Passing through tiny Kennard, Ind., yesterday I came across these women on a front porch. I stopped in my lane right in the middle of the highway, which was also the main street. There was no other traffic. I jumped out of my RV. “May I take your picture?”
Yes, they said. I think they may have thought I was crazy, jumping out of my motorhome like that, asking to take their picture. They didn’t know that I had been looking for someone sitting on a front porch for a few days, which would mean for a few states.
You don’t see many front porches today, much less people sitting on them.
That’s a shame. I think the disappearance of front porches has a lot to do with how isolated people are from one another these days. We don’t know our neighbors. Back in the old days, sitting on a front porch was an important way people socialized. They sat on the porch, sipped an ice tea, and chatted with their neighbors as they walked by on their way to the grocery store, or maybe were out for a stroll.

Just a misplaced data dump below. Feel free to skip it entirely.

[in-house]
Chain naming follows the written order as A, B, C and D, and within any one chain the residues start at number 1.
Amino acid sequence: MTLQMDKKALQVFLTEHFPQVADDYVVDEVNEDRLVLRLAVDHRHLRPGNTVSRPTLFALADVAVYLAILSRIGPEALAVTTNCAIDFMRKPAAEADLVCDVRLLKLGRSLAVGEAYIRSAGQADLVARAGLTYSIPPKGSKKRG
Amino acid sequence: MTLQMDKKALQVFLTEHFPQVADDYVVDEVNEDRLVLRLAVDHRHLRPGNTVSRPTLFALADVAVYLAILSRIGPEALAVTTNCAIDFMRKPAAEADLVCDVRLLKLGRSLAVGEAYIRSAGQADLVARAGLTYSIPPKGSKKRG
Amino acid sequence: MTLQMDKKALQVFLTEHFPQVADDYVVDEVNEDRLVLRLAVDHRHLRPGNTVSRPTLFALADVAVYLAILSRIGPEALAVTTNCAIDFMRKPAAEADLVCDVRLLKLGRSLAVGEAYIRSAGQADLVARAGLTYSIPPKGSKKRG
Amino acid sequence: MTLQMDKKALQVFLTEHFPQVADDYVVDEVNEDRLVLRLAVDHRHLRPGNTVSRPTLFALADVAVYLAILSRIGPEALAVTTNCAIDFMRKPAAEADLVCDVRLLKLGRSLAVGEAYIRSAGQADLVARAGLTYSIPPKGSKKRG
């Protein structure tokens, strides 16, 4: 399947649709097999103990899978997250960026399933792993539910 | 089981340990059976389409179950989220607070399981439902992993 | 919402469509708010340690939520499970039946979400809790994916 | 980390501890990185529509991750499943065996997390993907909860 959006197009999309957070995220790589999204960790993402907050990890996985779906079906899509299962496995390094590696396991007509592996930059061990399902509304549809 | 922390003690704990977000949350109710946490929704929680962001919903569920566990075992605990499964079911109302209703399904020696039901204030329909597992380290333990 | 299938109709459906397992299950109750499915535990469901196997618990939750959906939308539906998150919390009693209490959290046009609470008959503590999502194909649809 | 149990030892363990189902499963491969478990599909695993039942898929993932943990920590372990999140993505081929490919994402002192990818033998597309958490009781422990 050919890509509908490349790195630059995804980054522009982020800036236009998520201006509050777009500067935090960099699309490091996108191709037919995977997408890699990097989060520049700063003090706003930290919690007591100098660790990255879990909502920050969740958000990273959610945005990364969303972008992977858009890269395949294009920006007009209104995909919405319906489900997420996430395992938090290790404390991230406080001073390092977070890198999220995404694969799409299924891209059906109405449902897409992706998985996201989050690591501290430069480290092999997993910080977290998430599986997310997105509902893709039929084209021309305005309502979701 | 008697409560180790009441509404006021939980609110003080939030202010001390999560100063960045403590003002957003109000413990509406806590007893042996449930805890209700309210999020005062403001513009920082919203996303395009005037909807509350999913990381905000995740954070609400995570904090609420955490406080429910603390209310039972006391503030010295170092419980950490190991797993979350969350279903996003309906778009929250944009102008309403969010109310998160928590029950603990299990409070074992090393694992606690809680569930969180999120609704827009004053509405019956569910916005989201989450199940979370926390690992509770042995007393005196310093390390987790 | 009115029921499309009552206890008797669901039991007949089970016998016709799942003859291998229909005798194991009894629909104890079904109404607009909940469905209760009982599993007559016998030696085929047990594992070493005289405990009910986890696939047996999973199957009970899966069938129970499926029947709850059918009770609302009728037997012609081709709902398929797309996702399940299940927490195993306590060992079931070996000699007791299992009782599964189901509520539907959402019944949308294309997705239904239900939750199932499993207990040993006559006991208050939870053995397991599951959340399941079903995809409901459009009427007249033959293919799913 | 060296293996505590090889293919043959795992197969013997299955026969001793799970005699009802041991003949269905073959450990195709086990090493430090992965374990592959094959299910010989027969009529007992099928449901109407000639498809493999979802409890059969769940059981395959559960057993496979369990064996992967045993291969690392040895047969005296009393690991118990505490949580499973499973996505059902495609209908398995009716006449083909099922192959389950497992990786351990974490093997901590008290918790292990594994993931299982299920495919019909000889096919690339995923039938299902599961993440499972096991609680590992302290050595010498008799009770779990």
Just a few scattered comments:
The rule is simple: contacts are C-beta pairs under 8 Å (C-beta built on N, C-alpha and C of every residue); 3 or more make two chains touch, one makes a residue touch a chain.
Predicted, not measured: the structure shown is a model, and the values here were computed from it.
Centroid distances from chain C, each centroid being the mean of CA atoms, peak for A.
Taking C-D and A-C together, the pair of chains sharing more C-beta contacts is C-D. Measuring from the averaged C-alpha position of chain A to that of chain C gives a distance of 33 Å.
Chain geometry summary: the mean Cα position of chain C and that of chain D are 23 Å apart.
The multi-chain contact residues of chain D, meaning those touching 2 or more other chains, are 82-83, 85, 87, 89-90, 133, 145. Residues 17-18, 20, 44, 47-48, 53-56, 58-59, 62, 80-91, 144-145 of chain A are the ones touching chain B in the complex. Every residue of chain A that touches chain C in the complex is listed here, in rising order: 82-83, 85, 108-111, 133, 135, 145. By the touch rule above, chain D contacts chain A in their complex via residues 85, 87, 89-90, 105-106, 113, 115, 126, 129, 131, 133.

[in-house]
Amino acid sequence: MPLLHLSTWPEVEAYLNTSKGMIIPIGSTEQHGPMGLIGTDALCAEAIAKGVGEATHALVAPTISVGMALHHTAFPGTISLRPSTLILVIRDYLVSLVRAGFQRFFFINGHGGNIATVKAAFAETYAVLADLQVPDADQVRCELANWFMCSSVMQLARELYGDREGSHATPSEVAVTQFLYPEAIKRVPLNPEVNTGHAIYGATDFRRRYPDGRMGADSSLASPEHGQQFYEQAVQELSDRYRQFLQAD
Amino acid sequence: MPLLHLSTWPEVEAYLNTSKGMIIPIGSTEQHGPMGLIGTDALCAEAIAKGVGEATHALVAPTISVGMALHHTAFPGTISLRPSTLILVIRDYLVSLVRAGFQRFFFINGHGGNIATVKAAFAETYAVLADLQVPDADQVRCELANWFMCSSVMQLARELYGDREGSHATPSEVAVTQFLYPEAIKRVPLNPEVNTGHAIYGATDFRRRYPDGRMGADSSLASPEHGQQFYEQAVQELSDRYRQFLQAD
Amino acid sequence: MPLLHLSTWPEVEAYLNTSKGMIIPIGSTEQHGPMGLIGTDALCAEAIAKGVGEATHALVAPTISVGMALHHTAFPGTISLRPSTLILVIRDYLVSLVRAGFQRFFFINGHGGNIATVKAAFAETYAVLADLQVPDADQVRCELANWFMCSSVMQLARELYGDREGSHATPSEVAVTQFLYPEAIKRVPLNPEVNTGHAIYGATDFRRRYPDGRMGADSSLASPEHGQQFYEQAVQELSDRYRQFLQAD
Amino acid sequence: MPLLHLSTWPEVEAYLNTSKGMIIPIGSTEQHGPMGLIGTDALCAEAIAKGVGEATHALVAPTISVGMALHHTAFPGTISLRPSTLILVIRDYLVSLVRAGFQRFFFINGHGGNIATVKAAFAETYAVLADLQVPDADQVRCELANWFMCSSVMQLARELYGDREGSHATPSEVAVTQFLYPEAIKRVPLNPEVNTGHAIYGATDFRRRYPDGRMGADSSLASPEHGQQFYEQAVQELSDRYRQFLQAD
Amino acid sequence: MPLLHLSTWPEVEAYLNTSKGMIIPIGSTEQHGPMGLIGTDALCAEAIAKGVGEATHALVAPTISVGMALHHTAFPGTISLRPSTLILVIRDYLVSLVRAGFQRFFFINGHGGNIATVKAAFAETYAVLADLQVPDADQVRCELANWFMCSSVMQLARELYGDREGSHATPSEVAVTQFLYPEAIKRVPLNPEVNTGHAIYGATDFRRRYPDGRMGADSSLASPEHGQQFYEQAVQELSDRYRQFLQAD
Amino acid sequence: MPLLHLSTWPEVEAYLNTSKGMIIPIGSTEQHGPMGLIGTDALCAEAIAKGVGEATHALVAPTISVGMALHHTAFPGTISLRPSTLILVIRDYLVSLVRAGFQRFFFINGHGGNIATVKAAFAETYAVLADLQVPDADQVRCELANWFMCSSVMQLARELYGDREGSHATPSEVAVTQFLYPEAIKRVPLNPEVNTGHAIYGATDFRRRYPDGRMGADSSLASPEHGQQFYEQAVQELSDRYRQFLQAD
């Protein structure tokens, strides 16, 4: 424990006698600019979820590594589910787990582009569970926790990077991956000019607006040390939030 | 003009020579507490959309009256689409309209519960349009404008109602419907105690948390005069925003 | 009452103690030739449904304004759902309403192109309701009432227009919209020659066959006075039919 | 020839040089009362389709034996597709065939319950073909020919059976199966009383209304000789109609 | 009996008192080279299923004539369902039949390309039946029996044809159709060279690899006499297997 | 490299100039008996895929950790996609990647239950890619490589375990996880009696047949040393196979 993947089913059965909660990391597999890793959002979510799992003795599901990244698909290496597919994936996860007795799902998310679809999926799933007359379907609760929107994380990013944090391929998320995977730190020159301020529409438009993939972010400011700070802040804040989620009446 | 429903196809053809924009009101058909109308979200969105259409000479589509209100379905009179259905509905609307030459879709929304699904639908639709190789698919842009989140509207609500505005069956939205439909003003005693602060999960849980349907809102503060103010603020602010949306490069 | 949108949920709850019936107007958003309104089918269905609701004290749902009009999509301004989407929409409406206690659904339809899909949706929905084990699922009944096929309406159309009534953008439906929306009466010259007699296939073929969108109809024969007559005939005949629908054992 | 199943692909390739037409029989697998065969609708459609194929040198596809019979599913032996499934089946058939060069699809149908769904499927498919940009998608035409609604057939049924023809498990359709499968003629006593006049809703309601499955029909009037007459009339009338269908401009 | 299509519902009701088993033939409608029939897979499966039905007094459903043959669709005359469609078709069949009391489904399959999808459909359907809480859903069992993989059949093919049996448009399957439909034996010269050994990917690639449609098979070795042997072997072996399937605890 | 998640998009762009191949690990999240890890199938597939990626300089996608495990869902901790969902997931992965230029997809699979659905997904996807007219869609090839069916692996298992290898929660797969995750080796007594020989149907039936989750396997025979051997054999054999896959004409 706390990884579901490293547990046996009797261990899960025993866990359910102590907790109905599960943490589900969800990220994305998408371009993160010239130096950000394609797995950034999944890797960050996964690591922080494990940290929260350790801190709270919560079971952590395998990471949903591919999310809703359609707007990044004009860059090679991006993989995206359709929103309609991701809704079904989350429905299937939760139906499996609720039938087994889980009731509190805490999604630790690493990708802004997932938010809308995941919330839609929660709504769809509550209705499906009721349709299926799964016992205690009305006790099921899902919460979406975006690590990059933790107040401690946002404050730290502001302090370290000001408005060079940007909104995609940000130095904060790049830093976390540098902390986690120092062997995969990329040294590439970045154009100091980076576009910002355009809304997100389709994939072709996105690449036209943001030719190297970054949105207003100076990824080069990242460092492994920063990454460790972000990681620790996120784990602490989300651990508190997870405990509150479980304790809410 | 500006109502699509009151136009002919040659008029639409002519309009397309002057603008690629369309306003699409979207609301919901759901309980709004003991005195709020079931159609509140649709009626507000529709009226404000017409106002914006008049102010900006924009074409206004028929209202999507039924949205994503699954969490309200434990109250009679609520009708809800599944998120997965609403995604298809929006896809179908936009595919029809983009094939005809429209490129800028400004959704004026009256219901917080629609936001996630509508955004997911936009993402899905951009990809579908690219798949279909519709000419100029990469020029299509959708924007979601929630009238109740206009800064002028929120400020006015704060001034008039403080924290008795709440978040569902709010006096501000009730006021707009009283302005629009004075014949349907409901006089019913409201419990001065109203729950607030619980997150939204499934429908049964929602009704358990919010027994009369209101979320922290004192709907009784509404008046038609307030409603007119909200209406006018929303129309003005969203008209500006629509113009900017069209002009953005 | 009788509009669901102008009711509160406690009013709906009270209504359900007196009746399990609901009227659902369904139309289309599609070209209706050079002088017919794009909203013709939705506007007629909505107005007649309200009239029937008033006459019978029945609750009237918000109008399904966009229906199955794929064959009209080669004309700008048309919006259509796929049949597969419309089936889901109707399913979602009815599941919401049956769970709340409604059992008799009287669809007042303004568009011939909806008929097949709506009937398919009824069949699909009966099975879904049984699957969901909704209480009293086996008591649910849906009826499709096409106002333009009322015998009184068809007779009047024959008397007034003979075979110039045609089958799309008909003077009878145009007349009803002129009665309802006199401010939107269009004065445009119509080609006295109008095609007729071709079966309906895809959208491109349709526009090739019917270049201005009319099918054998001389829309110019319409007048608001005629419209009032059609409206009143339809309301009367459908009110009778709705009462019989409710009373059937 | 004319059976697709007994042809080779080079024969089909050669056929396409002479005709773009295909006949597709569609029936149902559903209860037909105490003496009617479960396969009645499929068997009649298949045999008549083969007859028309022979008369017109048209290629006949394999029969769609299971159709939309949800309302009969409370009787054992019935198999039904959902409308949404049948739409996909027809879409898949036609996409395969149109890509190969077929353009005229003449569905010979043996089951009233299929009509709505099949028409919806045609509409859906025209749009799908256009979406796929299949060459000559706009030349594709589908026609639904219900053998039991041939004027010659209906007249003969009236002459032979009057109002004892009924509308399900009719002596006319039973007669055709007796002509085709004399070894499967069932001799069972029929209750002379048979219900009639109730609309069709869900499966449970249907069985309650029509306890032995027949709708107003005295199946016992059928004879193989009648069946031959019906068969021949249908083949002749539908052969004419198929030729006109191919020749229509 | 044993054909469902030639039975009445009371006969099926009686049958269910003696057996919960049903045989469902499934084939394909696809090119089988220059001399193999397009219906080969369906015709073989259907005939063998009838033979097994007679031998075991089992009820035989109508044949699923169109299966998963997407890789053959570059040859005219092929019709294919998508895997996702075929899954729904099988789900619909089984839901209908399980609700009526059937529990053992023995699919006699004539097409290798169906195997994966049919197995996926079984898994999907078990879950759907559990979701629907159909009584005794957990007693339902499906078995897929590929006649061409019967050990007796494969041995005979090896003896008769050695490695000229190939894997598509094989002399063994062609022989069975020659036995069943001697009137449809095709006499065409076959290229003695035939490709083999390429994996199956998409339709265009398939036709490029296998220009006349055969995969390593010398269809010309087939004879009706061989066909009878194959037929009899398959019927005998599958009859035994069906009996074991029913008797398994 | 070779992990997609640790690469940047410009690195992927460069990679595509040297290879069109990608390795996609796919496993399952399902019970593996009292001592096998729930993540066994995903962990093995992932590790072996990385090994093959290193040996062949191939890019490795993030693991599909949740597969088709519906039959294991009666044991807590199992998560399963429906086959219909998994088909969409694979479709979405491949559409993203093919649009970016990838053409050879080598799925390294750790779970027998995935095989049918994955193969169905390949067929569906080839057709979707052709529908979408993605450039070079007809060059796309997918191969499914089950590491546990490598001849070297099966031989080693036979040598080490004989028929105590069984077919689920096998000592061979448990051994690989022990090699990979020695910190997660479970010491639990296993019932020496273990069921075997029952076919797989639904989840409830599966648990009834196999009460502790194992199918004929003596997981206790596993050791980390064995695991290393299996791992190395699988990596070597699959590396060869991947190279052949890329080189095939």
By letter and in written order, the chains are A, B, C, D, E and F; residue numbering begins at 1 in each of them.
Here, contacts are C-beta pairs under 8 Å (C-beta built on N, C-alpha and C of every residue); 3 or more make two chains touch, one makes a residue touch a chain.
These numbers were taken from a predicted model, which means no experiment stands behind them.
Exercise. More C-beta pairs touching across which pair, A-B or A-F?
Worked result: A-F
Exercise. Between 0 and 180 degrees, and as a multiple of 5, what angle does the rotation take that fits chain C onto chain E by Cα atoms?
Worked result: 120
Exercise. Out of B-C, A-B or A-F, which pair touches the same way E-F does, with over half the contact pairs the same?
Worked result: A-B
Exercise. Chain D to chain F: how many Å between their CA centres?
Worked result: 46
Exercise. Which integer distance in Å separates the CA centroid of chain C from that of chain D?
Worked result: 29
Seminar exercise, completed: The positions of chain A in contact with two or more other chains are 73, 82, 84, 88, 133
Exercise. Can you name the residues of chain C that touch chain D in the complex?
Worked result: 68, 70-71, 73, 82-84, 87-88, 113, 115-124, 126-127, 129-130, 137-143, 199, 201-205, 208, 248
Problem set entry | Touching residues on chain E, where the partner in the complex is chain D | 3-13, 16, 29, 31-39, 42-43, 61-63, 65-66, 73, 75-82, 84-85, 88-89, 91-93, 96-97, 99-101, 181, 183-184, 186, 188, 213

Then came air conditioning and TV, and everybody moved inside. Porches sat empty and new houses did away with them all together. People sat in their fenced back yards. Nobody saw anybody any more. It was easy to go years without even knowing your neighbors.
The woman on the left said she had just sold the house. She and her husband lived there 47 years, but he died recently. She sold it for $42,000 (she originally asked $69,000). She’ll move into a condo, she said, looking sad. Her husband made many improvements including an 800-square-foot addition in the back. “He was real handy,” she said. Where I live near Seattle, a nice house like this would go for $300,000 or more.
I wished people still had front porches and still used them. I think our country would be a better place.